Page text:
Escaping the Enemy’s Territory
Kimberly N. Alleyne
The Harvest Magazine, Publisher and Editor
Are you guilty?
When I lived in the Hudson Valley of New York, I worked for a public relations agency that was situated in a rural part of the county that I called home for five years. The narrow, two-lane road to the office was long and curvy and it winded through a dense rural stretch of land. It was common to see foxes and wild rabbits along the 19-mile drive. A sprinkling of farms dotted my commute, as did residential homes with chicken pens.
The Hudson Valley is only an hour or so from NYC, but in many ways it is continents apart.
The other common sighting was deer (New York State has an exceptionally high deer population, second only to new Jersey). Driving home one evening, a four-point deer dashed in front of my car from the woods on my right. Before I could brake, the deer bounced off my car. I heard a loud boom, and simultaneously swerved from the impact. I was able to stop the car. I turned my head to my left in time to see the deer at the edge of the woods on the opposite side of the road struggling to get to its feet; I watched as it eventually stood to its feet, and then crumpled back to the ground. This happened at least five times until it galloped off.
I pushed my flashers on, leaned back in my seat and let out a deep, shaky breath. That was scary. I got out to inspect my car. The front, right headlight was busted with the bulbs broken in pieces, and the front license plate was dented in and curled up. I didn’t see any other damage but since the sun was setting, it was getting dark.
I don’t remember getting back in the car, but I remember realizing that no cars had been coming from either direction, and, how the deer kept falling down, and a gush of tears dropped from my eyes. I was thankful, scared and sad all at once. I wept un-controllaby; I guess it was the shock and jolt of it all, I have no idea; but I could not stop crying for several minutes. I called one of my co-workers who was still at the office, told her what happened, and she came soon after. Then I called my Mom. Even though I was not hurt, my car wasn’t in bad shape, and the deer seemed ok, I still couldn’t stop crying…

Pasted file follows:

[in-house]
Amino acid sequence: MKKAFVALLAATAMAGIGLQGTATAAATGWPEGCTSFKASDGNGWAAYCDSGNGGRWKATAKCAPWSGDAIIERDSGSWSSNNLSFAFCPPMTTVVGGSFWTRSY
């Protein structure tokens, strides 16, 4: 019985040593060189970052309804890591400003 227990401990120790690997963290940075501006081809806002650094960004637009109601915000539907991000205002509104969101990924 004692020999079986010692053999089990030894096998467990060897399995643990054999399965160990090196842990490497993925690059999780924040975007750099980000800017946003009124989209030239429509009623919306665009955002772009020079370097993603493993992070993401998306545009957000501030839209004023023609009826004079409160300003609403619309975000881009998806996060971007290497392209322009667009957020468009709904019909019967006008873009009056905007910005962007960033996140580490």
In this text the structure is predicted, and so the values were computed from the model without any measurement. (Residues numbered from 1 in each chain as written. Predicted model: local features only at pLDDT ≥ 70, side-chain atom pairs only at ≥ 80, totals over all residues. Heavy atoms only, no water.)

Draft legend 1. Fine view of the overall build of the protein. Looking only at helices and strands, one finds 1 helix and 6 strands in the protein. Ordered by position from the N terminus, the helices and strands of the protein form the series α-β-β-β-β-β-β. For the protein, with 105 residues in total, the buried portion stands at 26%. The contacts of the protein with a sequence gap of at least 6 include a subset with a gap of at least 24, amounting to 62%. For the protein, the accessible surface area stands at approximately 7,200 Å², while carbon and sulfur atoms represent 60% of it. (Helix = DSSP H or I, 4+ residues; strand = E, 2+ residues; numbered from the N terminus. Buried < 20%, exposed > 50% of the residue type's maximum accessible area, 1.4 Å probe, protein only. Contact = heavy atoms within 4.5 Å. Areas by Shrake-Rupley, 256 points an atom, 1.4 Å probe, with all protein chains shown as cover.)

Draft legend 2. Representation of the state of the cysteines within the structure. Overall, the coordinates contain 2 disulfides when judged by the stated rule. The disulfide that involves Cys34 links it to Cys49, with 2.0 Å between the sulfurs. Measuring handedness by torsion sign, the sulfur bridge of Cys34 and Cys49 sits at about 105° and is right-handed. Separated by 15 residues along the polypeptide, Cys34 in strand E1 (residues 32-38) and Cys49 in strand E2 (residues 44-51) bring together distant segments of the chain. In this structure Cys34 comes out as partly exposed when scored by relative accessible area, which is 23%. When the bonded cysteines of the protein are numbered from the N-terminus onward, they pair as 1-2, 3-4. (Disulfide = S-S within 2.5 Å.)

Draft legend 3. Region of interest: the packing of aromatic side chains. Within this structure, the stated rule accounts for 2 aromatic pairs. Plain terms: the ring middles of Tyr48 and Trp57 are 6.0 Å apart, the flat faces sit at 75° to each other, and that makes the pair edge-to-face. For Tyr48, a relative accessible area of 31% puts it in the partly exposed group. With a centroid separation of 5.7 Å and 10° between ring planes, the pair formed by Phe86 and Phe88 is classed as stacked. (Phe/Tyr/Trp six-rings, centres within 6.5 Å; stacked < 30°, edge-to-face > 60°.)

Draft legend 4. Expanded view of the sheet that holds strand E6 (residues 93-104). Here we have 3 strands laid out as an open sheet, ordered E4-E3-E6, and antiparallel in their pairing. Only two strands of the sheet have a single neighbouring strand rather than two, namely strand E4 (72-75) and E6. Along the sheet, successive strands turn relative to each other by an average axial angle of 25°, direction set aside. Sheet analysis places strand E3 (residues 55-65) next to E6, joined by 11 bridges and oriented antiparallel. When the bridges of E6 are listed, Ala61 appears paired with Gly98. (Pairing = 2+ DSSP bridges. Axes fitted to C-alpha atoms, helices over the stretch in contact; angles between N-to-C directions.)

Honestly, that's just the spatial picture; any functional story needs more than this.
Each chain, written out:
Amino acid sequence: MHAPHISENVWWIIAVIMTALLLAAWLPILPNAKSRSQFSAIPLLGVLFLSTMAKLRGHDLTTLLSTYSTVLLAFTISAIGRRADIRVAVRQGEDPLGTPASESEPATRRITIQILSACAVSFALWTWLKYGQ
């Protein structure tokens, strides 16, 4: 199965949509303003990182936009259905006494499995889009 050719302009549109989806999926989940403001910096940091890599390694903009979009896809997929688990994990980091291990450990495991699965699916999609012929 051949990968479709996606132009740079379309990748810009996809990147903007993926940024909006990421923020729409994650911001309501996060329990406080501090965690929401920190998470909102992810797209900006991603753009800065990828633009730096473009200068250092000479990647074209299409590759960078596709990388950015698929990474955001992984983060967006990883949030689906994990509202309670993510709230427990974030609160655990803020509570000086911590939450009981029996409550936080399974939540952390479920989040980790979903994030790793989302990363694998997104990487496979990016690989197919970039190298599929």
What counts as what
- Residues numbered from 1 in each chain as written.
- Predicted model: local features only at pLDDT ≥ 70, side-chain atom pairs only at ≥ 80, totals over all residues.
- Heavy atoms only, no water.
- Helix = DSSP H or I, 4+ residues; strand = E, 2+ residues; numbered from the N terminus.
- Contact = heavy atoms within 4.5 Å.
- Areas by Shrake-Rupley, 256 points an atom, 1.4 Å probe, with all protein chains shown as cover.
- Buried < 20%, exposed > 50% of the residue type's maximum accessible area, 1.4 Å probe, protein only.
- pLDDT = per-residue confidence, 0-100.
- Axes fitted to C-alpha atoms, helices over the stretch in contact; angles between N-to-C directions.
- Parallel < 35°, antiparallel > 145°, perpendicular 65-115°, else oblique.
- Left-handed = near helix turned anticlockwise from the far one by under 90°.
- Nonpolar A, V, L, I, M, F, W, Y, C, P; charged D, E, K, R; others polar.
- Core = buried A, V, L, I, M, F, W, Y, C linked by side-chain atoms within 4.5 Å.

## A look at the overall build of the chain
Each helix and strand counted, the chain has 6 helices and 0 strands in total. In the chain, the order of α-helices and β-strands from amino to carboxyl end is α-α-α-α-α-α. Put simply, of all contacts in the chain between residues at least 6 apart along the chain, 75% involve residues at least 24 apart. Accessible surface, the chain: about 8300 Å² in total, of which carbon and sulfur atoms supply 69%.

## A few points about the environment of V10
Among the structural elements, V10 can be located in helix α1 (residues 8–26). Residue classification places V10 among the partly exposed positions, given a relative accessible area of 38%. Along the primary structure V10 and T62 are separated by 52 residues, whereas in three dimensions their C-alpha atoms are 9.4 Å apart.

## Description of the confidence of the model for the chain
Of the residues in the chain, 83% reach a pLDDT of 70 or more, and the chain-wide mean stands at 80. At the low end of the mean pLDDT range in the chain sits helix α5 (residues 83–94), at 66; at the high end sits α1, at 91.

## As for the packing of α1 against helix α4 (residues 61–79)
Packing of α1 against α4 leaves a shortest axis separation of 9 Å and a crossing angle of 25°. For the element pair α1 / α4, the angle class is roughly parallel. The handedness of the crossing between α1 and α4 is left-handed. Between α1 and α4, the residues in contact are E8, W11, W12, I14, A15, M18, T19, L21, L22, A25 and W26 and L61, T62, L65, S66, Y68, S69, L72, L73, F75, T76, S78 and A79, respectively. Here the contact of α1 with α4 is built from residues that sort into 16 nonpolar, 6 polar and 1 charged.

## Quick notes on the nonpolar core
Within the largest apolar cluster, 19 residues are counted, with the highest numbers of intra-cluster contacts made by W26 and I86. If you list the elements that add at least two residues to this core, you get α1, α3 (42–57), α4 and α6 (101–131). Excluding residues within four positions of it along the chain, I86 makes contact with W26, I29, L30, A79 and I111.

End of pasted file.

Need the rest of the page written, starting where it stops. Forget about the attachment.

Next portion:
Later I realized that I felt guilty for hitting the deer. It had not been my fault (I had the right-of-way. Ha!) I didn’t see it, and didn’t have time to stop, it came out of nowhere, but, I still felt guilty.
There are times when I recognize that I have treated someone unkindly, or when I’ve been unnecessarily impatient, and I feel guilty. Deep sigh; from glory to glory, right?
There is no harm in feeling emotions; God gives us emotions. The harm is in wallowing in an emotion, especially if it is the wrong emotion— like guilt.
It was not wrong for me to be affected by hitting the deer, though the waterfall caught me by surprise. I think it would have been odd if I had not been impacted on some level. However, I should not have felt guilty; sadness was okay, and more appropriate, I think, so long as I didn’t dwell there, either.
There is no condemnation in Christ, and so we need not toil in our emotions about our mistakes. Now, do we need to be aware of our behaviors, thoughts, words, and actions? Absolutely! We have to be aware in order to mature in our walk (the more mature we are, the more skilled we are for our battles with the enemy). Otherwise, we cannot experience conviction, which is what the Holy Spirit gives us as a signal that we made a misstep…conviction is not intended to torment us. Torment is deep in enemy territory…so is guilt.
When we wallow in guilt, the enemy is pulling the puppet strings. He’s having a field day in our emotions. Countless stories of addiction, conflict, relationship estrangement, and emotional strongholds such as depression, and even suicide are rooted in guilt. Broken fellowship and being unchurched are also sometimes spurred by guilt. The enemy will tell you that you should feel guilty, and that you should carry guilt — this is a false burden.
Guilt is a spiritual virus that infects our thanksgiving, our praise, worship, faith, and intimacy with the Lord.
Guilt is yet another one of the enemy’s ploys to make us doubt our worthiness, and eventually drive a wedge between us and God. As the chasm widens, we bear less fruit, and our spiritual fervor drops to lukewarm; and we know how God despises lukewarm temperatures. It’s true that God never leaves us or abandons, but we allow the wedge to to take root when when we give a foothold to guilt, and we nurse the wedge when we stop seeking Him and communing with Him because we can’t hold our heads up in His presence.
So, when I know I’ve treated someone unkindly, I am convicted, but not guilty. When we are convicted, we see our wrongs clearly and honestly, we don’t make excuses for committing those wrongs, we are repentant, and we are inspired to change.
Obviously we don’t get it right all of the time (In my case, I get it wrong often). Remember a righteous man falls down seven times, and stands up after each fall. This is a powerful metaphor for God’s mercy and grace. That’s what “from glory to glory” is all about.
We fall down. We stand. We fall. God kisses our scrapes and bruises, and collects all of our tears.
A couple of months after I hit the deer, I took my car in for an oil change. The technician came to the waiting room, and asked me, “Did you happen to hit a deer recently?” I answered, “Yes, how did you know that?” and he said, “Because some of the fur from its tail was stuck in your grill.”
I laughed all the way home.